WASHINGTON — Republicans still plan to keep some key, popular aspects of the Affordable Care Act — including allowing young people to stay on their parents' health insurance and protect Americans with pre-existing conditions — despite late-night votes Wednesday that implied otherwise.
Word spread quickly through Facebook and Twitter Thursday that Republicans in the Senate had repealed Obamacare and voted against its rules on pre-existing conditions, insuring young people, charging women higher premiums for health care than men, and other popular aspects of the bill.
But repealing Obamacare won't take place until at least the end of the month. And while Republicans did vote against some of its most popular provisions on Wednesday night, these votes were largely a symbolic messaging tool for Democrats and are not binding.
The votes were taken as part of the "vote-a-rama" process, in which the parties typically bait one another into embarrassing and politically charged votes. All 20 amendments the Senate voted on Wednesday night, most offered by Democrats on popular aspects of the health care law and protecting Medicaid, failed.
House Speaker Paul Ryan said Thursday that despite those overnight votes, his party still plans to preserve some popular parts of Obamacare. These include allowing parents to keep children on their insurance plans up until the age of 26, and preserving the ban on denying health coverage to people because of pre-existing conditions.
Several other Republicans in both the House and Senate have echoed that promise. Whether Republicans can get the votes to repeal the health care while, while fulfilling those vows is still an open question.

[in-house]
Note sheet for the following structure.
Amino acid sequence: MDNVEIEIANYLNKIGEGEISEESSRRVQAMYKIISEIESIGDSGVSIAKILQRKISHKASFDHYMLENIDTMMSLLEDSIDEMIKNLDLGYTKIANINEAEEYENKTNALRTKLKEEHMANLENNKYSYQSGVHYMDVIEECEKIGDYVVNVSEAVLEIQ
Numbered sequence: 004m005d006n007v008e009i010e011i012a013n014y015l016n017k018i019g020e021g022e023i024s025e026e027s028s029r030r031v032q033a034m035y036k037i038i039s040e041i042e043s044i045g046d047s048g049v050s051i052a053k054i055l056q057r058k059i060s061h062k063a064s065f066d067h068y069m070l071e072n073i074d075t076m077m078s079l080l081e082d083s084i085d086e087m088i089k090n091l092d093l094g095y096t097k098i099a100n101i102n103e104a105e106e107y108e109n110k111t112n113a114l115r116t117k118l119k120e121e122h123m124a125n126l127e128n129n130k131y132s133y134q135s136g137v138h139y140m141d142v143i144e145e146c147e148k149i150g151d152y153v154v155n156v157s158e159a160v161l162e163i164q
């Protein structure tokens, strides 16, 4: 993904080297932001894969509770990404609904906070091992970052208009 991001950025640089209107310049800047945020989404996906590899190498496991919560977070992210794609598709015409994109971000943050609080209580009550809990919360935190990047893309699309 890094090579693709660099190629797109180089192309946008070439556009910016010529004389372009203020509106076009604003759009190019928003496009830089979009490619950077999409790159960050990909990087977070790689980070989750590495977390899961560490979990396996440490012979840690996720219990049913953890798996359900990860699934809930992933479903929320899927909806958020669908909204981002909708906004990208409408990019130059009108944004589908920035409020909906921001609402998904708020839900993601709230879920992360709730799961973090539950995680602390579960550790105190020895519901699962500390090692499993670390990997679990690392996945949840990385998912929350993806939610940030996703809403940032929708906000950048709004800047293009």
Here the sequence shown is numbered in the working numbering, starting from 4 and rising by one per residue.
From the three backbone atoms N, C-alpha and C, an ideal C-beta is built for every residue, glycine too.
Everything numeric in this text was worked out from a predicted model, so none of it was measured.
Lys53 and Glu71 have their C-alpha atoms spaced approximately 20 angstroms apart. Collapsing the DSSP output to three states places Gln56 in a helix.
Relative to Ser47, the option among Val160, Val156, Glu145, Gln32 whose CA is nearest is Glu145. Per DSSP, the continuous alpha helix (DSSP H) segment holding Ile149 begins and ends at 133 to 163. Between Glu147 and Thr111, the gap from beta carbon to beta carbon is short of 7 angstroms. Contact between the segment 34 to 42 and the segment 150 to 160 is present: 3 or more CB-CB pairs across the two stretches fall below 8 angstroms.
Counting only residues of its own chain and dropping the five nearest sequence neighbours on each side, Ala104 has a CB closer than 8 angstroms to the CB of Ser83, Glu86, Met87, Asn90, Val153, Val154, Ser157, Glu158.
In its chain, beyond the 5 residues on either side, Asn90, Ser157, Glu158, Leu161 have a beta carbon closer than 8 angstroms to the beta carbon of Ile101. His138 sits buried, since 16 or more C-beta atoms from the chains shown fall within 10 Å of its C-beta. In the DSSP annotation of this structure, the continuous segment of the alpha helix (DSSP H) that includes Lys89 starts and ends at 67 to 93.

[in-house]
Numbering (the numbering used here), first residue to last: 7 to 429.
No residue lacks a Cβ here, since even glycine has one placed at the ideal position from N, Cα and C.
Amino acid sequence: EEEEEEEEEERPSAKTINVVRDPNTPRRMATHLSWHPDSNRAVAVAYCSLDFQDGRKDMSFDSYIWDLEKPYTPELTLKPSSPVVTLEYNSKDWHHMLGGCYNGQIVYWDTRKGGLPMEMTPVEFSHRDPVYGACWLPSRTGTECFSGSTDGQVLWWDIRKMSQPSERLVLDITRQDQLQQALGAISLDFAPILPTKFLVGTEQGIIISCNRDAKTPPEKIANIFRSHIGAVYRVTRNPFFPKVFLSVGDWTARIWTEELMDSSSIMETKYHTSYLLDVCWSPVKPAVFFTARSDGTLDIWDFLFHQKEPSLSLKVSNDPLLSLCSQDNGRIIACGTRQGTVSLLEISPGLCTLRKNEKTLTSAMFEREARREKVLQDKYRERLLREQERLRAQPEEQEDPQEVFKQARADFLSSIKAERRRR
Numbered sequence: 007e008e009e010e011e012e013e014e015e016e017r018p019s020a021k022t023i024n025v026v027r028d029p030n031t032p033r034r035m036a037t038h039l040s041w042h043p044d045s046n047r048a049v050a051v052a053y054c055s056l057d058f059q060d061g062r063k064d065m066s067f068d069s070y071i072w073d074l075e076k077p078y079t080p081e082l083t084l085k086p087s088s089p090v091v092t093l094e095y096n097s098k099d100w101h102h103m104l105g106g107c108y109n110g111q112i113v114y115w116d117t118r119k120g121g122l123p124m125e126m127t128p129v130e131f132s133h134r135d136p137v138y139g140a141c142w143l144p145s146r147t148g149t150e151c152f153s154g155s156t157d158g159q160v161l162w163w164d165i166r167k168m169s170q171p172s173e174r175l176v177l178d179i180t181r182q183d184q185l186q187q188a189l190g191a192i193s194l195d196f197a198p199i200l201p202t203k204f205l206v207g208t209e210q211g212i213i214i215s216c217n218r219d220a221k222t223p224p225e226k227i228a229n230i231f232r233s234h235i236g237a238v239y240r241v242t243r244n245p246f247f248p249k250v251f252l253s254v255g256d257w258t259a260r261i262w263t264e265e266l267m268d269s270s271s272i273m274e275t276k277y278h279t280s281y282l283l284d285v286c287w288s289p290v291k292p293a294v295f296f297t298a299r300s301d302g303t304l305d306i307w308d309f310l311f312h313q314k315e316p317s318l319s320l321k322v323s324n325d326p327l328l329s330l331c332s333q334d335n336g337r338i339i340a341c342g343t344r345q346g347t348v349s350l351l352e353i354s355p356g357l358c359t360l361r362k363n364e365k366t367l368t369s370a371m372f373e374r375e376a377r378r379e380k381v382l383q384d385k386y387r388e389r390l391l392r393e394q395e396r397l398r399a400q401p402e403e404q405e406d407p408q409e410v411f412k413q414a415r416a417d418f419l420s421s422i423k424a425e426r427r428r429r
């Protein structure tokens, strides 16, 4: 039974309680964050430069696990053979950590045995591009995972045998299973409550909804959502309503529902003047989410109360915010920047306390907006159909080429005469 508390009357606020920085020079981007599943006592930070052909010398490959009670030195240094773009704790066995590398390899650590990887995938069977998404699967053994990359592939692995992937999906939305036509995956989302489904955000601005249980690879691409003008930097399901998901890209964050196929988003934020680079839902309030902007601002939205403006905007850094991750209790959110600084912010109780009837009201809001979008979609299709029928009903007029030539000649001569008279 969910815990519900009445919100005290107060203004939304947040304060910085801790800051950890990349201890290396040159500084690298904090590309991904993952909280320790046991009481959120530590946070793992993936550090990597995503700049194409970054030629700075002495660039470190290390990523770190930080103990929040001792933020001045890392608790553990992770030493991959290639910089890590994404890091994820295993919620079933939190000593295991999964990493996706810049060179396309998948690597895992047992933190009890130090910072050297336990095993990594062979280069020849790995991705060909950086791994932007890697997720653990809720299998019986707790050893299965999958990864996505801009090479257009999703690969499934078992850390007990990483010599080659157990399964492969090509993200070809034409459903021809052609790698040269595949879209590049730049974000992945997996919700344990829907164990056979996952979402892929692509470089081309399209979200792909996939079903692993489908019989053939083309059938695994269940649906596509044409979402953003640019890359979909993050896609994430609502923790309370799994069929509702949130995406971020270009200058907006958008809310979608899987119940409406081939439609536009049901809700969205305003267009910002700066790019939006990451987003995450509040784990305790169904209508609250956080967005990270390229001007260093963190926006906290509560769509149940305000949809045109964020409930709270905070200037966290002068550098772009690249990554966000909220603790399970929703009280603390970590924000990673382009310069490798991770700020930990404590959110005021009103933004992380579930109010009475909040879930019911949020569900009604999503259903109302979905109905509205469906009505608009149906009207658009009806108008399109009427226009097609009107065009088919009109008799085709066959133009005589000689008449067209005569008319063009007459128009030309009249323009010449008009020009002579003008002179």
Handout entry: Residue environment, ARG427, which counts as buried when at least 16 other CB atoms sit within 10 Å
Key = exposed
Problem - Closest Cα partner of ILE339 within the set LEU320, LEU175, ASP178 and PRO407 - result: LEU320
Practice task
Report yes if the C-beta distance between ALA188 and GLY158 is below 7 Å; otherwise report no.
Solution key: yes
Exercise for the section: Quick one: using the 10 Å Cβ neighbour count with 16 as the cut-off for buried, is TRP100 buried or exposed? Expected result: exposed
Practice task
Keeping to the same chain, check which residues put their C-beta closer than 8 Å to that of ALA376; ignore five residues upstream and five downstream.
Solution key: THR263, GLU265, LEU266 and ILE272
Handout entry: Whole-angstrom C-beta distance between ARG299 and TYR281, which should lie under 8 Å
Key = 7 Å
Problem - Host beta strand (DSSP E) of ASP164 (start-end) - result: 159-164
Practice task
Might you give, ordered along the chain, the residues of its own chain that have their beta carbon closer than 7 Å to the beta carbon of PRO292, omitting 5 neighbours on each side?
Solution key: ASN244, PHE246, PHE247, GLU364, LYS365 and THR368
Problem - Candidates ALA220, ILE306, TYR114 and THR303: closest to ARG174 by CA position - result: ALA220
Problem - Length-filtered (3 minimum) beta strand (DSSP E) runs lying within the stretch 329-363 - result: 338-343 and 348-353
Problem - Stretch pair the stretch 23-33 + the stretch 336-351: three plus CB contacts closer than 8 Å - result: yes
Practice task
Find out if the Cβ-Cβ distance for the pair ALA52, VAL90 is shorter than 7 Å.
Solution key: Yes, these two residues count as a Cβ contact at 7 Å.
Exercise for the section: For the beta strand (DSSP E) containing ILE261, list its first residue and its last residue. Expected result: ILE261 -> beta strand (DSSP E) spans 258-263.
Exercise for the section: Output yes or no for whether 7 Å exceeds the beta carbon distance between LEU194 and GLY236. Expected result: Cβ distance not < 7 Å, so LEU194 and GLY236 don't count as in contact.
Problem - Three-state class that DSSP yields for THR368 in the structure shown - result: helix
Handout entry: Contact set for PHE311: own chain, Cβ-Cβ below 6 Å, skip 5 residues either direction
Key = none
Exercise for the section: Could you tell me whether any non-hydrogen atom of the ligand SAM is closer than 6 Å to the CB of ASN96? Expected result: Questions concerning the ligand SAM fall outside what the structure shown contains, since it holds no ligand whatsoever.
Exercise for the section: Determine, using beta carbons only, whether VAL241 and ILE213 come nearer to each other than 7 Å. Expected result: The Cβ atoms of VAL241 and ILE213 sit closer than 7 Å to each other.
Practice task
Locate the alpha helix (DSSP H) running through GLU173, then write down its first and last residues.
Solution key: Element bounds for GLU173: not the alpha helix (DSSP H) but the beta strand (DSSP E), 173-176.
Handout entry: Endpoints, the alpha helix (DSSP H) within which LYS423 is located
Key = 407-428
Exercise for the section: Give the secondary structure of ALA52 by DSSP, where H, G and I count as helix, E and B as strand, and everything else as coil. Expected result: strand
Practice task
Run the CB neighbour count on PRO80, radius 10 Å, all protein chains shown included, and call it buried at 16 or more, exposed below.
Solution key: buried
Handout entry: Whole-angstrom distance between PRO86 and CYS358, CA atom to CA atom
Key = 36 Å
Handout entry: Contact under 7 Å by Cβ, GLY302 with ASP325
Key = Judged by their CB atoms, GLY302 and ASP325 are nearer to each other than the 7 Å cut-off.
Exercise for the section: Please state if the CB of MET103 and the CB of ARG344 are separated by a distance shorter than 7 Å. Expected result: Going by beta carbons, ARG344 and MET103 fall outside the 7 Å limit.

But while Wednesday night's vote-a-thon does not mean Republicans will gut Medicaid or repeal Obamacare in its entirety, it was a significant step towards repeal.
The Senate passed a budgetary tool in the early hours of Thursday morning that will allow them to vote to repeal the Affordable Care Act later on. Attention now turns to the House of Representatives, which will pass its own, similar legislation. The two chambers will then vote to repeal broad swaths of the Affordable Care Act as soon as Jan. 27, but that vote could be pushed back, with a handful of Republicans requesting more time to pull a replacement health care plan together.
The question is what they will replace it with. President-elect Donald Trump said this week that repeal and replacement will be done hand in hand. Ryan agreed with that assessment Thursday. But there is still no sign of a concrete plan for what the successor to Obamacare will be.